Last updated on July 5th, 2019
A 14 years old boy in Japan presents with a 2-week history of unrelenting fever and generalized fatigue. He has had been experiencing mild headaches and associated mild neck stiffness, with an elevation of his temperature that resolves with antipyretics. He and his family have visited several community emergency departments, where he has had multiple negative lumbar punctures and was last given a diagnosis of aseptic meningitis.
He developed dry, fissured lips and some skin peeling in the recent days. He is otherwise without any specific symptoms, such as cough, shortness of breath, abdominal pain, back pain, or urinary complaints. He has no significant medical or family history, and he is not taking any medications.
Physical Examination and Workup
On physical examination, the patients is ill appearing, fatigued, and febrile . He has a blood pressure of 125/66 mm hg , a heart rate of 116 beats/min with a regular rhythm, a respiratory rate of 19 breaths/ min, and an oxygen saturation of 96% while breathing room air. He has mild bilateral conjuctival infections with limbic sparing , enlarged right lymphadenopathy , and a mild desquamating rash between his fingers.
His lungs sounds are clear bilaterally , and cardiac auscultation reveals a normal first heart sounds and a normal physiologically split second heart sound . no murmurs, thrills, rubs, or gallops are appreciated. No significant conductions abnormalitiesare noted on ECG, but an initial transthoracic echocardiogram (TTE) i n the emergency department, although a poorly delineated study , raises suspicion for cardic motions abnormalities .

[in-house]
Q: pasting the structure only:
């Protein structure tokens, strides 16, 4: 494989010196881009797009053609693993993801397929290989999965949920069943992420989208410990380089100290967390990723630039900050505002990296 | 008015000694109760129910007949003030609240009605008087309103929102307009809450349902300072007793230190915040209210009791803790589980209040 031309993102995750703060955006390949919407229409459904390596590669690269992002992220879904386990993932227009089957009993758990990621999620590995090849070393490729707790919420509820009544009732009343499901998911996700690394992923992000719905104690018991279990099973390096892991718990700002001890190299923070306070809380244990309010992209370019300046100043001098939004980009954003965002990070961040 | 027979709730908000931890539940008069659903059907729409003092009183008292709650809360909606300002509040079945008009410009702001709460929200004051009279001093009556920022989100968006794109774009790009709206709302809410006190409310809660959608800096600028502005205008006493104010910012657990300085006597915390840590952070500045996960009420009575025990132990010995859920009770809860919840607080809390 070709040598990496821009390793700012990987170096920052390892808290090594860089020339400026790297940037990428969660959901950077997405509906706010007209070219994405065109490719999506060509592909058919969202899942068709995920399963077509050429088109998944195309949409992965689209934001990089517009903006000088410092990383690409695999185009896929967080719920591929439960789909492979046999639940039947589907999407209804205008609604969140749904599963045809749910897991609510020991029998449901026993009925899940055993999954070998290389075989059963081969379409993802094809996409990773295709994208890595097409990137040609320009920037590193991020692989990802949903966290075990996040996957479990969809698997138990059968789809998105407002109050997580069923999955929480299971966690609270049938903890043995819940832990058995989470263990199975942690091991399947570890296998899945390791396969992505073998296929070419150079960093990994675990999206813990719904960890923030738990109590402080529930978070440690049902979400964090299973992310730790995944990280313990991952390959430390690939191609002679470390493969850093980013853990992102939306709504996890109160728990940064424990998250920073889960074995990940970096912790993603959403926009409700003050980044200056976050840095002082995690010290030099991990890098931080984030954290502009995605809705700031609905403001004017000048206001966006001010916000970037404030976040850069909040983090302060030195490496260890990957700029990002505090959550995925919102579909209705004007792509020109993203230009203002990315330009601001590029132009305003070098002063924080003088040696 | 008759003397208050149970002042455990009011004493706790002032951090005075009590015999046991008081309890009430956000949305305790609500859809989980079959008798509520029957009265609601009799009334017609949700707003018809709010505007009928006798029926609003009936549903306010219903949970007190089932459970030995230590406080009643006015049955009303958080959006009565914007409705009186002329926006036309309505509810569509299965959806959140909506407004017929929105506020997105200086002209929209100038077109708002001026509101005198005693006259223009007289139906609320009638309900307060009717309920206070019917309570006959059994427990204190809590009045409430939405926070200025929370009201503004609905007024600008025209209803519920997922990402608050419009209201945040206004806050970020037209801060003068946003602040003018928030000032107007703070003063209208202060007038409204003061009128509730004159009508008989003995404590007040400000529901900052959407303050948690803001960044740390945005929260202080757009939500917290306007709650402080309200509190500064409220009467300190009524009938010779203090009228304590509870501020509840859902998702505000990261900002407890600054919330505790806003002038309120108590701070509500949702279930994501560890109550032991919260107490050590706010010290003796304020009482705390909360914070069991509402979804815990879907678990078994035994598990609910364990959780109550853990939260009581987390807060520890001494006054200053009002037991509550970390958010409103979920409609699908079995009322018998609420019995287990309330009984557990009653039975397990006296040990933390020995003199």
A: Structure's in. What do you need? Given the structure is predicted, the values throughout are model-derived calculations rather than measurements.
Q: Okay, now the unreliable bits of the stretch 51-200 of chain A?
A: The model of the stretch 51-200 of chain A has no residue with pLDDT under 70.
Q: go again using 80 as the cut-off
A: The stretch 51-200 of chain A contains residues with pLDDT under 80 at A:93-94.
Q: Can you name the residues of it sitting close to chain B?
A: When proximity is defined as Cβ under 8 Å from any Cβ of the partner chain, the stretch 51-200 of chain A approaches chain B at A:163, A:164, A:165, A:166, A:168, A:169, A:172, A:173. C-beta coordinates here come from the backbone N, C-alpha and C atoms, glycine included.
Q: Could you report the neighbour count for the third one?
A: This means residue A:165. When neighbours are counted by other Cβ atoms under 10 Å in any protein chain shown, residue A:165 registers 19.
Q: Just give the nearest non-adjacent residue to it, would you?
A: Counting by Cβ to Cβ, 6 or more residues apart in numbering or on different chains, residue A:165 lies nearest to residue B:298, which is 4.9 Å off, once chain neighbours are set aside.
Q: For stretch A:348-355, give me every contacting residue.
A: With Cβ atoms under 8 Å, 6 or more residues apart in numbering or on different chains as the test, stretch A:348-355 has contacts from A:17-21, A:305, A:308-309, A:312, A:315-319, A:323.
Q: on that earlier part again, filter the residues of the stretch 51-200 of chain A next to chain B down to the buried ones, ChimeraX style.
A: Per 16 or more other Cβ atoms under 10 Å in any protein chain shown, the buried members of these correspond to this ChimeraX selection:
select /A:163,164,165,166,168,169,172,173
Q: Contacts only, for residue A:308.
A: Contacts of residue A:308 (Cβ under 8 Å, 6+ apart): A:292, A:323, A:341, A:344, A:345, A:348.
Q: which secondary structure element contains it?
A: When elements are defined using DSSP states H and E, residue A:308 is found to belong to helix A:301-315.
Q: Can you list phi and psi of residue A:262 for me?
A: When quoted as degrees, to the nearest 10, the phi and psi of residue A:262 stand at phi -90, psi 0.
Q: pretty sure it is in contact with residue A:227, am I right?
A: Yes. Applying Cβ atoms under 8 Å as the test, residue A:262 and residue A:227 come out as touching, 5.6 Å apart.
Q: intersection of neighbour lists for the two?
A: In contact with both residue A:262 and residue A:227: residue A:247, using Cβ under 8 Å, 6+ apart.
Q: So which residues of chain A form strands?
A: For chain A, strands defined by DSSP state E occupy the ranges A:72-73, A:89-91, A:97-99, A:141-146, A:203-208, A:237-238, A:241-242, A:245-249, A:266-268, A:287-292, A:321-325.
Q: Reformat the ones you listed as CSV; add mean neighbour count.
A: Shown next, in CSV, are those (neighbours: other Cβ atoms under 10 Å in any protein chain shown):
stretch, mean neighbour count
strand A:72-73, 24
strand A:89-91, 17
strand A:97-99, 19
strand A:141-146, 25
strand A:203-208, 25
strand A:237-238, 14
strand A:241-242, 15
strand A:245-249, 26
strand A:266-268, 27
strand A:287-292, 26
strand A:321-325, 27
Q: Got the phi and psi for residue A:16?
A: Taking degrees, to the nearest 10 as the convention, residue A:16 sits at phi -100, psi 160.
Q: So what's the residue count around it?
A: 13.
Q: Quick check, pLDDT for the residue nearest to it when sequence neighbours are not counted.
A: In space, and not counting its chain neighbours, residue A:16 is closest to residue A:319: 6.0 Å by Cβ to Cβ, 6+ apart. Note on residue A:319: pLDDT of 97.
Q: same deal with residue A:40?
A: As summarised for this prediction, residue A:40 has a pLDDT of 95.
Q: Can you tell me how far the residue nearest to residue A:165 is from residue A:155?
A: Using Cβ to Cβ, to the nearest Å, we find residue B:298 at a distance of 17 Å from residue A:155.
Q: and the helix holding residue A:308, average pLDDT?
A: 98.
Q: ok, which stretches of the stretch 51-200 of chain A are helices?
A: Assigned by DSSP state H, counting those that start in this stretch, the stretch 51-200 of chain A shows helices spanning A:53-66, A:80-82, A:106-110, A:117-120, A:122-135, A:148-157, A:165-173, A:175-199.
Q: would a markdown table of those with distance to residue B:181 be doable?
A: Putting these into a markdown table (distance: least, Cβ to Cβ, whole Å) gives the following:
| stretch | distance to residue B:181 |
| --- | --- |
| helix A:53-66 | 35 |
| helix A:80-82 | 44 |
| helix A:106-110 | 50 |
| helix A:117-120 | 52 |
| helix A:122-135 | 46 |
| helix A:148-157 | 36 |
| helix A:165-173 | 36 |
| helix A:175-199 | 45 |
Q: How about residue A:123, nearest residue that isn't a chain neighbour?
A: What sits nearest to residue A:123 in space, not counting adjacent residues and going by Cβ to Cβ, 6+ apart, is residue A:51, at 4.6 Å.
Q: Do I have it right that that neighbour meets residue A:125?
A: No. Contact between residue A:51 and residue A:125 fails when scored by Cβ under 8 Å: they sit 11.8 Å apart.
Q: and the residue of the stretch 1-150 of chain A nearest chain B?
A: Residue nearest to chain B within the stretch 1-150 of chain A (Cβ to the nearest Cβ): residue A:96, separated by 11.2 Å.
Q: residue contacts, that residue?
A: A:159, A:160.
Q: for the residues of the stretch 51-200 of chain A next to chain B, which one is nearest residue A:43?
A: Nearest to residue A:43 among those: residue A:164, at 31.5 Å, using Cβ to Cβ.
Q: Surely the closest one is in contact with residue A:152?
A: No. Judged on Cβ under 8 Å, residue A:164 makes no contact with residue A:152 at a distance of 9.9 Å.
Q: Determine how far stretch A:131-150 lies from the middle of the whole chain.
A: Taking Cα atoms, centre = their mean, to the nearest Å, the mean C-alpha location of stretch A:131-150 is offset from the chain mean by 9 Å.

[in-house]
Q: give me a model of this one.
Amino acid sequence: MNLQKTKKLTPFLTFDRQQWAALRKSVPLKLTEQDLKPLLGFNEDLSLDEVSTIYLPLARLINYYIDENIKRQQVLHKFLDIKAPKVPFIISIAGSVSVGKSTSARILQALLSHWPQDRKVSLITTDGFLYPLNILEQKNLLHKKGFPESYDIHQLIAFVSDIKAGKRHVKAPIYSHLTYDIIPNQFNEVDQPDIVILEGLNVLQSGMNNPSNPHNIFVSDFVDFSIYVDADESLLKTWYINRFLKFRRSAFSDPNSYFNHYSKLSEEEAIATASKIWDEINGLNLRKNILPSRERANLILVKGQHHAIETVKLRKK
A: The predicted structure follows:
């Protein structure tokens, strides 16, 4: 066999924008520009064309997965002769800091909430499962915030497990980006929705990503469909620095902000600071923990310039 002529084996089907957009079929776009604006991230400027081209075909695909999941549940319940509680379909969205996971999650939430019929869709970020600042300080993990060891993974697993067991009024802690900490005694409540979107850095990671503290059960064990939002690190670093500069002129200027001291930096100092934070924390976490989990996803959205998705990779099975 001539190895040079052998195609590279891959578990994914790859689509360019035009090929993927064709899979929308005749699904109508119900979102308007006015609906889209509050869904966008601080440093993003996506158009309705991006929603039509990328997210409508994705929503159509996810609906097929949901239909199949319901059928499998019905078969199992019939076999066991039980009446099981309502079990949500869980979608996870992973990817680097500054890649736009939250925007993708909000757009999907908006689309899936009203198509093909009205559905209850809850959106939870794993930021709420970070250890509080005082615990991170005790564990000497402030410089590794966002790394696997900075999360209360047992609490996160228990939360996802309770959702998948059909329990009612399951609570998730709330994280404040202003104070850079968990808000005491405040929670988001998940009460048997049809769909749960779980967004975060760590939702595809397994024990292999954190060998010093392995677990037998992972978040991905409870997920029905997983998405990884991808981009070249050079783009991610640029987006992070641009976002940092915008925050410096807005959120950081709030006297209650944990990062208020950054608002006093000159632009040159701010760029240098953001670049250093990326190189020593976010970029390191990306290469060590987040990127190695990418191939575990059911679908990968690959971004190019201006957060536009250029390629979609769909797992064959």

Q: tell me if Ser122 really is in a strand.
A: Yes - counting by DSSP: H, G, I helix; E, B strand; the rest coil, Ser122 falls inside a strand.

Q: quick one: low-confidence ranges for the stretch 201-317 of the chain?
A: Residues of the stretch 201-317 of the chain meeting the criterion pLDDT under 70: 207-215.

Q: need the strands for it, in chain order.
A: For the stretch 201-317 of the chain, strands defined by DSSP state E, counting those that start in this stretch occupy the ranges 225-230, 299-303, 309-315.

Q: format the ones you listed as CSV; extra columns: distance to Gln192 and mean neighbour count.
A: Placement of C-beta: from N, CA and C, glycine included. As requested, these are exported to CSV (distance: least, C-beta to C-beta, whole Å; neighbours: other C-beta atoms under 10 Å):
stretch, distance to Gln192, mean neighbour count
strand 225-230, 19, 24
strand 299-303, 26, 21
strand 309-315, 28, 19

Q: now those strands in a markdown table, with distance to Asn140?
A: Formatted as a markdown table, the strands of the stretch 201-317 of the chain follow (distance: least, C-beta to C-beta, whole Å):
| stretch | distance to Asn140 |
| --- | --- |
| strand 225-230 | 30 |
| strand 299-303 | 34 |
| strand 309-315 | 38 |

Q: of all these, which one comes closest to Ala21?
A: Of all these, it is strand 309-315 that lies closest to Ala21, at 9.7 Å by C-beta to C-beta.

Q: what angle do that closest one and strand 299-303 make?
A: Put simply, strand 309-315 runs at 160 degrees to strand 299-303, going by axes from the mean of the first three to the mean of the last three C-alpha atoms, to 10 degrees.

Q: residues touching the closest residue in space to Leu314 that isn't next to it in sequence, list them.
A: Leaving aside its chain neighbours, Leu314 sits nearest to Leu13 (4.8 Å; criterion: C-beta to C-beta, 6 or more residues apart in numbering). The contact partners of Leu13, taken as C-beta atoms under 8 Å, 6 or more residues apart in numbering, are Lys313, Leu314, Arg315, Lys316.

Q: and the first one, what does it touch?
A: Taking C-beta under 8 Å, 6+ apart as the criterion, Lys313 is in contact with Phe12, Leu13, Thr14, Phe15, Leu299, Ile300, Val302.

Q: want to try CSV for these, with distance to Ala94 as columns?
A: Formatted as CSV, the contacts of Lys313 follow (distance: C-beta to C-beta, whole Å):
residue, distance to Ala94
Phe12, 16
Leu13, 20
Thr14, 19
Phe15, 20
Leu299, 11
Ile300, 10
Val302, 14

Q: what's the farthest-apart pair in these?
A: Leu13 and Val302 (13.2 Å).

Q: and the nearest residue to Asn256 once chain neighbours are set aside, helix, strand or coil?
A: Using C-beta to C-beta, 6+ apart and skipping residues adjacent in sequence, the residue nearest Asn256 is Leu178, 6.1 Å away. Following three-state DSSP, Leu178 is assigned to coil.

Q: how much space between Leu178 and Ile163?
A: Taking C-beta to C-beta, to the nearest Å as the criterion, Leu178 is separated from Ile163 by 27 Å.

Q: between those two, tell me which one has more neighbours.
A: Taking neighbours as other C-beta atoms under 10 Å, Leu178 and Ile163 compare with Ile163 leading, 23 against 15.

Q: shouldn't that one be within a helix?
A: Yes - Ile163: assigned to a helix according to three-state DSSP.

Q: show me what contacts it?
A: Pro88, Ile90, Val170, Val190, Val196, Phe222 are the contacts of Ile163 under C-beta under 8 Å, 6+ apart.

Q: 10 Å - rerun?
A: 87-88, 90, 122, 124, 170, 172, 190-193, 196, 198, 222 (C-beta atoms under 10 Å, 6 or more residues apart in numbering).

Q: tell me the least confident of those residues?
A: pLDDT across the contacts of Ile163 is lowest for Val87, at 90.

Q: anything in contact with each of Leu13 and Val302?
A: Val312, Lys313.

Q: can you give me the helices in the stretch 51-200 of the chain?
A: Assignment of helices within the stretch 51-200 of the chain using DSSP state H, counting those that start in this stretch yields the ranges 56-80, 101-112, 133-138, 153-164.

Labrotary tests are performed that reveals a markedly elevated white blood cell count of 21.6*103 cells/µL , with 15% bands; a slightly low hemoglobin level of 12.2 g/dL ;and an elevated platelates count of 720 * 103 cells/µL. Blood cultures are obtained and sent to the lab. Intravenous immunoglobulin and antibiotics are empiracally initiated for suspicion of kawasaki diseases(KD), scarlet fever , or sepsis , and the patient is admitted for cardiac monitoring.
The following day, the patient is referred for coronary CT angiography (CCTA) for better delineation of the cardiac and coronary anatomy. Images are obtained using low dose protocols, with an estimated radiation dose of 5 mSv (figure 1) of